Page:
Counting dangerous waste

Counting calculator icon
If your business generates dangerous waste, you are required to know how much of this waste you generate each month — we call this “counting.”

Counting means you know the weight of your dangerous waste. This can include wastes that you:

  • Generate.
  • Accumulate.
  • Dispose of.
  • Treat.
  • Recycle.
  • Ship off-site on a manifest.

You may have to count some wastes you haven't thought of — for example, still bottoms.

Read our publication, Counting dangerous waste under the Dangerous Waste Regulations for detailed guidance. 

Health care facilities and pharmaceuticals

pharmaceutical waste icon
If you are a health care facility, please go to our Pharmaceutical Waste Management page for more detailed instructions on counting your waste.

Health care facilities must count both pharmaceuticals and non-pharmaceutical waste.

I want to:

Why count dangerous waste?

The type and amount of waste you generate each month determines your generator category. Your generator category determines which rules apply to your business. It is also needed to fill out your: 

Read our Counting Dangerous Waste publication.

How do you count or find the weight of your waste?

  • Count your dangerous waste each month.
  • The highest amount you generate (or accumulate) in any month is what determines your generator category.
  • Do not average multiple months over time.

Here are three ways to find the weight of your waste:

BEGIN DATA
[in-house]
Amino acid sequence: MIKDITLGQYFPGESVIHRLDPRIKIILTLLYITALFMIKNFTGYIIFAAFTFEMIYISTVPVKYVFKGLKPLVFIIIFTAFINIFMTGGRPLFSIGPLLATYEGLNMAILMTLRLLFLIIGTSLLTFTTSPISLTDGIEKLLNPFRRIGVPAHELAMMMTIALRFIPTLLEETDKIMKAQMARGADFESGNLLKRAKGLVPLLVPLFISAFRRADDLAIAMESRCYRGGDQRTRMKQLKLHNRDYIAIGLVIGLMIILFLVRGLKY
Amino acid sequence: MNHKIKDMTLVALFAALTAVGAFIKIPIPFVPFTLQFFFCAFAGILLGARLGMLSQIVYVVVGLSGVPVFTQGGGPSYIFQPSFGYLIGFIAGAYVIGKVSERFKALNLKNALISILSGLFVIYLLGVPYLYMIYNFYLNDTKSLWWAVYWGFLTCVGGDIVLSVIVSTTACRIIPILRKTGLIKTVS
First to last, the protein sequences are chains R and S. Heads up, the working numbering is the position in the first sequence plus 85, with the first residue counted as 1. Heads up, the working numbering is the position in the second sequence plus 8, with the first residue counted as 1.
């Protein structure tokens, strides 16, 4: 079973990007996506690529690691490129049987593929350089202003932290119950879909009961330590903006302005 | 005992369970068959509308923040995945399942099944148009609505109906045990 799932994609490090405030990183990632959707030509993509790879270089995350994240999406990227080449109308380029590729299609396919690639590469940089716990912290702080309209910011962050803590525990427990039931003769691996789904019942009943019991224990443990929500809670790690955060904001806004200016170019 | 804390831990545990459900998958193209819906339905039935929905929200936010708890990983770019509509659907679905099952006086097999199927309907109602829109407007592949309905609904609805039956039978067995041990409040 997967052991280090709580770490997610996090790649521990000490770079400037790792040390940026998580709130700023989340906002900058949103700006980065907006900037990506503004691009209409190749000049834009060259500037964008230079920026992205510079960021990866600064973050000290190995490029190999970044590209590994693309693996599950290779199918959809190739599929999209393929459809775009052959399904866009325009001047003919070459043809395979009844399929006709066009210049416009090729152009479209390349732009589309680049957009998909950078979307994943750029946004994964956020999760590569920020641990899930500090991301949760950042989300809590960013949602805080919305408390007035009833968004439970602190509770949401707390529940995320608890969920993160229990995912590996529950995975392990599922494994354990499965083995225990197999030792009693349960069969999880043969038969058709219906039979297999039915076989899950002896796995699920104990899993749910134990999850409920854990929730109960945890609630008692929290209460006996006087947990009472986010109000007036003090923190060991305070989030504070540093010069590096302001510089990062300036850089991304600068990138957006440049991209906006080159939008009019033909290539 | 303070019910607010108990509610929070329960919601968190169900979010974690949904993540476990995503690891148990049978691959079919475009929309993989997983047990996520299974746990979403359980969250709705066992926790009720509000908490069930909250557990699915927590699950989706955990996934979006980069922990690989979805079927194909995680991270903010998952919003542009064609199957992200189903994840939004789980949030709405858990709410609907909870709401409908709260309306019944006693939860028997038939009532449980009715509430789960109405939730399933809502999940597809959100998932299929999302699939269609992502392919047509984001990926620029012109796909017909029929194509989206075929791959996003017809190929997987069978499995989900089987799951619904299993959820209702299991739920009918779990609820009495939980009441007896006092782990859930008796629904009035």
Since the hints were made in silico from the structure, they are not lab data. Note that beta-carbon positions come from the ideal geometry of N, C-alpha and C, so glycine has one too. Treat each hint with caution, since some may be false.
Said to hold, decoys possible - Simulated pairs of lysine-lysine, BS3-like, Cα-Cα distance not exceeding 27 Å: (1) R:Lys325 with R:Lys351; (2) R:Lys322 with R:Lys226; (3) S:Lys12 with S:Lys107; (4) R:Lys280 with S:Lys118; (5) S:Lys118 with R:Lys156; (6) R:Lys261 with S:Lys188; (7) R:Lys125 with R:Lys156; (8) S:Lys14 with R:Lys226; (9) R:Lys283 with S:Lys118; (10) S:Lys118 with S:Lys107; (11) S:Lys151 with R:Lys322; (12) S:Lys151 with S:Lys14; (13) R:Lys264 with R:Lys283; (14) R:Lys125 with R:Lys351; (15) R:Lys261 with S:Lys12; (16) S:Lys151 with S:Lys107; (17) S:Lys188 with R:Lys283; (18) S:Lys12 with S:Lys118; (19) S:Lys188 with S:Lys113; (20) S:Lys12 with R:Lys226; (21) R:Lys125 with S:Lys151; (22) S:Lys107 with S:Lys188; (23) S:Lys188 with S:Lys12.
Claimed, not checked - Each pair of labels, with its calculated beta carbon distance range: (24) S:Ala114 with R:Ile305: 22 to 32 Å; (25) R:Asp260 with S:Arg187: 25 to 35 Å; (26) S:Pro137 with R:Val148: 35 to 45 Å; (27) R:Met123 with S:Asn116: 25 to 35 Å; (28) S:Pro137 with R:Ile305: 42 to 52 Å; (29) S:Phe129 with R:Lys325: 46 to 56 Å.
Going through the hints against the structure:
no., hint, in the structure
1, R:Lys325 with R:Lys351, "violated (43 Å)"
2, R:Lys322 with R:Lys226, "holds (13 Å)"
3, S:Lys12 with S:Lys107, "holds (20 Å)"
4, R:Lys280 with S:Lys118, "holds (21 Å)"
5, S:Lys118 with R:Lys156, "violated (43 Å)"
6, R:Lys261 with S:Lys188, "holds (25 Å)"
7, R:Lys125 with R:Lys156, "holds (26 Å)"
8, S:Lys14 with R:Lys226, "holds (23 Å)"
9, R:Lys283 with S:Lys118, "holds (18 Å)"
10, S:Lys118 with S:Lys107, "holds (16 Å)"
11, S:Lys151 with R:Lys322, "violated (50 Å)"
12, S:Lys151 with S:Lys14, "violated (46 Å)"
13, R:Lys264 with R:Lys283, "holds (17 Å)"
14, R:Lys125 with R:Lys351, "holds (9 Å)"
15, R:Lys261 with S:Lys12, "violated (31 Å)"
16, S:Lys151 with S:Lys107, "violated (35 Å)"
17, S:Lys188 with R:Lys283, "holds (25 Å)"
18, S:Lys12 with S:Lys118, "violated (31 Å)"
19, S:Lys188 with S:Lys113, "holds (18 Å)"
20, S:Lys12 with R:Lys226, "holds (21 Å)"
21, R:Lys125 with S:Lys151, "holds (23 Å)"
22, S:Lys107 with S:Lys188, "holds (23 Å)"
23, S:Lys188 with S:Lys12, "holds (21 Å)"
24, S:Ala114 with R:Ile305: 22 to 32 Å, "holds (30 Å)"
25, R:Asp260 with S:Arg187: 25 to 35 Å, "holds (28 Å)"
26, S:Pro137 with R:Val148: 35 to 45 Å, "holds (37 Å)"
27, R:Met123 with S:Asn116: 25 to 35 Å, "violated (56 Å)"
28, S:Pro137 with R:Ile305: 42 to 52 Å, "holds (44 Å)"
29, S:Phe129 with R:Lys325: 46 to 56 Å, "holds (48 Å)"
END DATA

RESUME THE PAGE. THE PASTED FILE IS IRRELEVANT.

1. Weigh and multiply

Option A: Weigh a smaller amount and multiply by the total gallons you have.

For example: Weigh 1 gallon of your waste. Then, multiply that by the total number of gallons you have.

Option B: Weigh your waste containers before and after adding waste. The difference equals the weight of your waste.

2. Calculate with density

220 pounds equals one half of a 55 gallon drum
If you know the density (or how many pounds are in one gallon) of your liquid waste, you can calculate the weight. For instance, 1 gallon of water weighs 8.34 pounds.

For example:

  • A 55-gallon drum full of water weighs about 458 pounds (8.34 x 55 = 458).
  • If you have a 55-gallon drum of liquid waste that is half full AND it has a density similar to water, you probably have a little over 220 pounds of waste (8.34 x 27.5 = 229).

Note: Some wastes have a significantly different density than water. A waste sludge may weigh much more.

3. Calculate with specific gravity

If you know the specific gravity of your waste, you can calculate the weight. The specific gravity is often listed on Safety Data Sheets (SDS or MSDS) for products that become waste.

For example:

  • Multiply the specific gravity of the waste by 8.34 (the density of 1 gallon of water) to get the density of your waste in pounds per gallon.
  • Then, multiple that density by the number of gallons you have.

Read our Counting Dangerous Waste publication for more detailed information.

What not to count